Improve Your Indoor Air Quality

Tips For Managing Air Quality During COVID-19

 

If you are like most Americans, the COVID-19 pandemic has you concerned about the health of your family, and if you are practicing social distancing, you are probably in your home more than usual. Given that COVID-19 is a respiratory virus, managing the air quality in your home is one way to keep the virus from spreading. Here are some tips for maintaining good air quality in your home. 

Change your air filter on your furnace

If its been a while since you’ve changed your air filter, now is a great time to add a new furnace filter to your essential shopping list. To fight airborne pollutants, upgrade to a filter with a MERV rating of at least 13. This will help filter out allergens and some viruses to minimize your risk of exposure. 

Vacuum often

Dust and particles that are trapped in carpet fibers can cause respiratory issues and walking on carpets stirs up those irritants. A good vacuum with a hepa filter will help remove the pollutants while minimizing the dust particles that can cause respiratory issues. 

Spring Cleaning

With winter build-up, and the fact that we’ve been home bound for an extended period of time, pollutants may be lying in wait throughout your home. A deep cleaning will help remove those particles, and with the right cleaner, disinfect the areas of your home that may have been neglected over the winter. 

Open Your Windows

When the weather warms up, there is nothing like opening your windows and letting the fresh spring air refresh your home. Getting good air flow and ventilation exchanges the stale air in your home with fresh air, which can improve air quality. 

Air Circulation

Having a functioning HVAC system is a critical piece in the air quality in your home. Your furnace and air conditioner play a vital role in circulating the air in your home, as well as filtering the cold air return. Set your thermostat to circulate the air constantly to keep the air flowing.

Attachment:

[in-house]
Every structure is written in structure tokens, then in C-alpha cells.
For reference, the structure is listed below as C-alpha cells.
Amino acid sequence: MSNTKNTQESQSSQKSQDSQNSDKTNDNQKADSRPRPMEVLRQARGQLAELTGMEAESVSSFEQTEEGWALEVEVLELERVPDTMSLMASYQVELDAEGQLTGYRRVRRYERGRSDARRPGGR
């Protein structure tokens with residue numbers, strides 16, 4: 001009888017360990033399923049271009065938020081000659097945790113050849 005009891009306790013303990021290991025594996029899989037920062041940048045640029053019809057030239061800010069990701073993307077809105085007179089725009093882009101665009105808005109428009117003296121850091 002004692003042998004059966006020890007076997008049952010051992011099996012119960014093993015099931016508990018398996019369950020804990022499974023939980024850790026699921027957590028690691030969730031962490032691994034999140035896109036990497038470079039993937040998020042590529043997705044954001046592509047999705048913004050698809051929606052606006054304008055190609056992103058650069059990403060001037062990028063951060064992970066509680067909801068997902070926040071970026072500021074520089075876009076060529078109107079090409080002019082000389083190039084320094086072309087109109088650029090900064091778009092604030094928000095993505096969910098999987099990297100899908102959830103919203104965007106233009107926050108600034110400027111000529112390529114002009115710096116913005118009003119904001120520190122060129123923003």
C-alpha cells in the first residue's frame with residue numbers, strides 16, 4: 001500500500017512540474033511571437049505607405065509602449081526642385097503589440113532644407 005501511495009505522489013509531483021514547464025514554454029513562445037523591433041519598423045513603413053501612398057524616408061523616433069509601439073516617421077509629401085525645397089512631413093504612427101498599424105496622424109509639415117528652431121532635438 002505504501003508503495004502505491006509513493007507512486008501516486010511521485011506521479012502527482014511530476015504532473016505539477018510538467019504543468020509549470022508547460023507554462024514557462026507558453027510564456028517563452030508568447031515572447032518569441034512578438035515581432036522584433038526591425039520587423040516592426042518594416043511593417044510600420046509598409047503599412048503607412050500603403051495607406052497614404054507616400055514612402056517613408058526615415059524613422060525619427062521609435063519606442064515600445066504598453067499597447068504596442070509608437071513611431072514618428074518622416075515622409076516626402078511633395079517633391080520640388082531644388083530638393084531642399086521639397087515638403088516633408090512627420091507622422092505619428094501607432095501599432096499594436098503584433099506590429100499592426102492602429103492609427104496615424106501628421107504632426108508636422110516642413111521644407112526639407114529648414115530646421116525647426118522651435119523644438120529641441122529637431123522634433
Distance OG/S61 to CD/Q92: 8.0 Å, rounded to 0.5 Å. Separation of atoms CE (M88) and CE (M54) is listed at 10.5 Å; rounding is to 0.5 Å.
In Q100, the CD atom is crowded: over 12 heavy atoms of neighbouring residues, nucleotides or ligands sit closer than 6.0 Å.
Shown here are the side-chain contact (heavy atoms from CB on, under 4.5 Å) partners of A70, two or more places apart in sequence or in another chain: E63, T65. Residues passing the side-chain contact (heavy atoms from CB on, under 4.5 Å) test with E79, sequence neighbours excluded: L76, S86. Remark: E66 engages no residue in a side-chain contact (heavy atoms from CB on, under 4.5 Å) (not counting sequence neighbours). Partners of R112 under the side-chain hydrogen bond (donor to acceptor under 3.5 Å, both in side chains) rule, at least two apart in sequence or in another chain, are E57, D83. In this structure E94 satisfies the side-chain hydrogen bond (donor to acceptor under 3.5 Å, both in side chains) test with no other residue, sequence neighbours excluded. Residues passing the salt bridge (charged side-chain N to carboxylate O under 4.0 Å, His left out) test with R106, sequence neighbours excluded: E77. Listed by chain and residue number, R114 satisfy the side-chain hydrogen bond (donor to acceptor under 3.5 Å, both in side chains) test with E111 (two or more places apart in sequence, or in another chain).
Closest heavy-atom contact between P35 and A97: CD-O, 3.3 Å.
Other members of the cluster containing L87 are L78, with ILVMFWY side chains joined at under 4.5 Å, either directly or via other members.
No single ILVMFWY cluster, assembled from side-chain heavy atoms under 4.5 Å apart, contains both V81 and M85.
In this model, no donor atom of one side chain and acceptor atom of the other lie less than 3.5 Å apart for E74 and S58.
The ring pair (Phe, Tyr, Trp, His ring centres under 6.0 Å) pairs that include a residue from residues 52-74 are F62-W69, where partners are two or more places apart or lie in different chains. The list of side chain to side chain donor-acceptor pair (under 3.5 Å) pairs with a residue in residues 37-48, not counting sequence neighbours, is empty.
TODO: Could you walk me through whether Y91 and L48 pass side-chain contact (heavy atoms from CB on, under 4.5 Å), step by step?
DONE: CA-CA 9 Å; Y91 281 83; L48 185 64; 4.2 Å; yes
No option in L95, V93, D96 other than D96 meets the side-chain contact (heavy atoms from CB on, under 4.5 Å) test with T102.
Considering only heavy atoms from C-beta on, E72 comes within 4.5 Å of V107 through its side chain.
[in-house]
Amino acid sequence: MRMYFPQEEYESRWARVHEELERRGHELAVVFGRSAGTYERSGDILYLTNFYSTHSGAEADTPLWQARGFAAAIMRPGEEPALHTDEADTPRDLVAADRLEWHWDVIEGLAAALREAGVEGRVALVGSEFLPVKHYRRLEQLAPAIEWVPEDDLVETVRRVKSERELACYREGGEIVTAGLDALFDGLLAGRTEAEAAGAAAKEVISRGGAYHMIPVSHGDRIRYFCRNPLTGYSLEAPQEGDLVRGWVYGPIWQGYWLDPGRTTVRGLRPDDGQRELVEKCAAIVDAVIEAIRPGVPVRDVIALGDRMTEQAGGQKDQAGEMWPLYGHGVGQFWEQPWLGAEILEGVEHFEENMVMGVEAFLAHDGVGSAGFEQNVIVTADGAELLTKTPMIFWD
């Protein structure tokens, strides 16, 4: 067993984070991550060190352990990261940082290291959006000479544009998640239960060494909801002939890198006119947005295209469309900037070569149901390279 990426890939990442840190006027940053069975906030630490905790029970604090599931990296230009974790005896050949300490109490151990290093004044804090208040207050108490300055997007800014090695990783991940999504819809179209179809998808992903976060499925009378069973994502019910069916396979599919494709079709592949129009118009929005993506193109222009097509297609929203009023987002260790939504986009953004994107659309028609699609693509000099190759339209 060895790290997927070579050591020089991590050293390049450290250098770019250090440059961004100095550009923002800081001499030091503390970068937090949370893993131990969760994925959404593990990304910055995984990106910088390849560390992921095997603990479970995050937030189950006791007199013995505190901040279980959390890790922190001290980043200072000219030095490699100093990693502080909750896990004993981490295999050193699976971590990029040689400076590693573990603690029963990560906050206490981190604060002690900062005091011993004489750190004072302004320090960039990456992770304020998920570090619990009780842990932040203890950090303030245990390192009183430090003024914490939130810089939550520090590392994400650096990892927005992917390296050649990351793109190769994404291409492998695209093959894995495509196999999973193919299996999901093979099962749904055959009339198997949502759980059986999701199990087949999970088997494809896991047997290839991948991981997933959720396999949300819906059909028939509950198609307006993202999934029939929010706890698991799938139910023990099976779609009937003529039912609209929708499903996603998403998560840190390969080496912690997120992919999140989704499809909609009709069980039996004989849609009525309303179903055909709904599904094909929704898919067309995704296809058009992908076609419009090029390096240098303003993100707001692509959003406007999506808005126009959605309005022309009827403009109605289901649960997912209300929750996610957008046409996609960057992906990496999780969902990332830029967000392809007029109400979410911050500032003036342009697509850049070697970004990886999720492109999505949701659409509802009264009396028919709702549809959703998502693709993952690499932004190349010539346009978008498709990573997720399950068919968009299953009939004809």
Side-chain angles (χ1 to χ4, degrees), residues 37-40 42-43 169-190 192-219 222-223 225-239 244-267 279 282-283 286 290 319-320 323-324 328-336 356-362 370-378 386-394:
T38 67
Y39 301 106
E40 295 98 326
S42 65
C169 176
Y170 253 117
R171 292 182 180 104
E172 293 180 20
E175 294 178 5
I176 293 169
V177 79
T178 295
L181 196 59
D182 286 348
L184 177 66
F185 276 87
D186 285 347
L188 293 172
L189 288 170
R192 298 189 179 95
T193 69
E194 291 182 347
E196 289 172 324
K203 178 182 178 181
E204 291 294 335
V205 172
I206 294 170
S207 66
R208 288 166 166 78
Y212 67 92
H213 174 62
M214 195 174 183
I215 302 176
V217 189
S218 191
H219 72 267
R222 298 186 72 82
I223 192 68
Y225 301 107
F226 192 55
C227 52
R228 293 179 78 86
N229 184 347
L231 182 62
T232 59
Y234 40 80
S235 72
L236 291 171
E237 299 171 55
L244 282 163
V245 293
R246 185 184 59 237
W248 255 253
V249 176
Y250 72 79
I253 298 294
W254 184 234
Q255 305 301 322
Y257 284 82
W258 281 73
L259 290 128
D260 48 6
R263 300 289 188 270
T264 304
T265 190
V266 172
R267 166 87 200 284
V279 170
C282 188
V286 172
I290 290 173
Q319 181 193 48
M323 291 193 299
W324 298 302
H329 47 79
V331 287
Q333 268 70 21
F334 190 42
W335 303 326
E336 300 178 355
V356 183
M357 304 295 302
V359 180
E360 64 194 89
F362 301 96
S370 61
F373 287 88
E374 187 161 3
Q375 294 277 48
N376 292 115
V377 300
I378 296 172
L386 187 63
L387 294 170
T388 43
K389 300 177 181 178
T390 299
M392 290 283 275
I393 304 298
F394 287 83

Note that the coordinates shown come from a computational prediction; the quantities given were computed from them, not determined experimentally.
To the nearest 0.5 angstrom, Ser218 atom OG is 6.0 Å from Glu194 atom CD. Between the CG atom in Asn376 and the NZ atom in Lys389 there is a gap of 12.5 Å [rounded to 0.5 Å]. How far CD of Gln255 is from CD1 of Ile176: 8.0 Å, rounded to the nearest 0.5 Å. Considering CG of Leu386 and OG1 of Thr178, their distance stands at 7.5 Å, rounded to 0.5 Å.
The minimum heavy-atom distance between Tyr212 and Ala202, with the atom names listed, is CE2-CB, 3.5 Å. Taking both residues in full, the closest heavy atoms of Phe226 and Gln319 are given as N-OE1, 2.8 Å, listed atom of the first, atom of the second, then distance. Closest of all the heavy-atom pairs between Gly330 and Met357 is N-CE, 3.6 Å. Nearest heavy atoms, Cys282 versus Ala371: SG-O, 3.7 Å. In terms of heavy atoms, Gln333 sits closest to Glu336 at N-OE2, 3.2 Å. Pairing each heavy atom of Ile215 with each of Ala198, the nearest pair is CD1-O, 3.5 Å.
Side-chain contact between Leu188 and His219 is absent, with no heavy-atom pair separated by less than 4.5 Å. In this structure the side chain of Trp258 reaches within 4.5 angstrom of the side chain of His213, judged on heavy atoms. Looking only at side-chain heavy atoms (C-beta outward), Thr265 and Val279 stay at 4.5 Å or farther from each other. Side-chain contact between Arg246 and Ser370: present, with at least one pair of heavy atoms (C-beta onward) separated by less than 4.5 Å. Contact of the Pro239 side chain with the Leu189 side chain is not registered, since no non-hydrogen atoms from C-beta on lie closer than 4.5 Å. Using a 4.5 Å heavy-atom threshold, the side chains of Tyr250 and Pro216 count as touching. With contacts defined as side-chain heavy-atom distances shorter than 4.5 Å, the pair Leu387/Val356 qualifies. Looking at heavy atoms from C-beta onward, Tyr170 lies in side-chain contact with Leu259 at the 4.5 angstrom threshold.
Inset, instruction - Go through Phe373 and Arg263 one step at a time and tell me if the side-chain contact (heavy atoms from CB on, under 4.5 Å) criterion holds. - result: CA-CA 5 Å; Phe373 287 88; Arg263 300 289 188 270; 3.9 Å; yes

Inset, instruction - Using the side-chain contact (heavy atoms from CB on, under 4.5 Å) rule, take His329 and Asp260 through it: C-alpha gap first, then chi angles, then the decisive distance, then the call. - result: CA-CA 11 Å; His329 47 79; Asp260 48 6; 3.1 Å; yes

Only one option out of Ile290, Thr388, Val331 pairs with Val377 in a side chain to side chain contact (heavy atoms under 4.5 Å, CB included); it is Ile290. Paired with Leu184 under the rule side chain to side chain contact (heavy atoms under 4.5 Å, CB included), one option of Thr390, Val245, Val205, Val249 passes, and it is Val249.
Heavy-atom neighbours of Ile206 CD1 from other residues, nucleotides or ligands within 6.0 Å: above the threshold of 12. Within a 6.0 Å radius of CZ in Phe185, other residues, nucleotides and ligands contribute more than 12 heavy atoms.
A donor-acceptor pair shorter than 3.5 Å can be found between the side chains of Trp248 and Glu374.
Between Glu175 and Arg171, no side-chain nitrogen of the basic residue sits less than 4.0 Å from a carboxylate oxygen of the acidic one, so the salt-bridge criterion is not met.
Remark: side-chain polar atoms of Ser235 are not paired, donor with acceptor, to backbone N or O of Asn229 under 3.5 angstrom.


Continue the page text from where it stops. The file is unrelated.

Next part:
Install an Air Filtration System

A clean air filtration system can help to reduce the pollutants, virus and toxic compounds that can lead to respiratory problems. 

If you are experiencing any issues with your HVAC system, call Atlas Butler today. Because we help customers with furnace, air conditioning and plumbing issues, we are an essential business during the COVID-19 pandemic. We are following the guidelines outlined by the CDC to ensure the safety of our customers and our employees. Contact us today to schedule an appointment.

April 26th, 2020|air quality, HVAC Topics, Improve Your Indoor Air Quality|

The Importance of Carbon Monoxide Detectors

Carbon Monoxide is a gas that, when concentrated in your home, can cause serious medical issues. The gas is generated by many of the gas-powered appliances in your home but proper venting ensures that the gas is moved out of the home. The CDC reports that nearly 20,000 Americans visit the emergency room each year with signs of CO poisoning. Having a working carbon monoxide detector in your home will help detect this colorless, odorless gas before it is too late. Here are a few ways that carbon monoxide can creep its way into your home. 

Gas Heating Systems

Your furnace consumes gas to heat your home, and when the burn process takes place, carbon monoxide is produced. Part of a routine furnace inspection is to make sure the furnace is venting properly. If the venting becomes blocked or clogged, the gases cannot escape.

Stoves and Ovens

If the stove in your kitchen is fueled by natural gas, there is a risk that your stove is not efficiently handling the byproduct of burning the gas. 

Gas Powered Water Heaters

Just like a furnace, a water heater that uses gas must be properly vented. Since most water heaters are located in the center of the home, the vent pipe must reach outside of the home. Always check for debris, nests and even animals to keep your vent pipes clear.

Outdoor Grills

Outdoor grills give off a tremendous amount of heat which is why you should use them away from your house. Gas or Charcoal grills both produce carbon monoxide and should be kept away from open doors or windows. 

Motor Vehicles

For homes that have garages under the dwelling, carbon monoxide produced by your car can seep up through the floors. Never leave a running vehicle in the garage that is attached to or under your home. 

Fireplaces

A fireplace is another potential source of carbon monoxide. Whether it is wood-burning or gas log fireplace, the emissions that are given off can accumulate. 

A CO detector can help detect leaks from any of these scenarios. You can find a carbon monoxide detector at your local home improvement store near the smoke alarms. Just like smoke alarms, CO detectors should be tested regularly. If the carbon monoxide detector is battery powered, set a reminder for yourself to change the batteries every six months. 

If your carbon monoxide detector goes off regularly, you may have a leak. Since the furnace is potentially the biggest producer of carbon monoxide in your home, call Atlas Butler to inspect your system and ensure that everything is venting correctly.

 

 

March 28th, 2020|HVAC Topics, Improve Your Indoor Air Quality|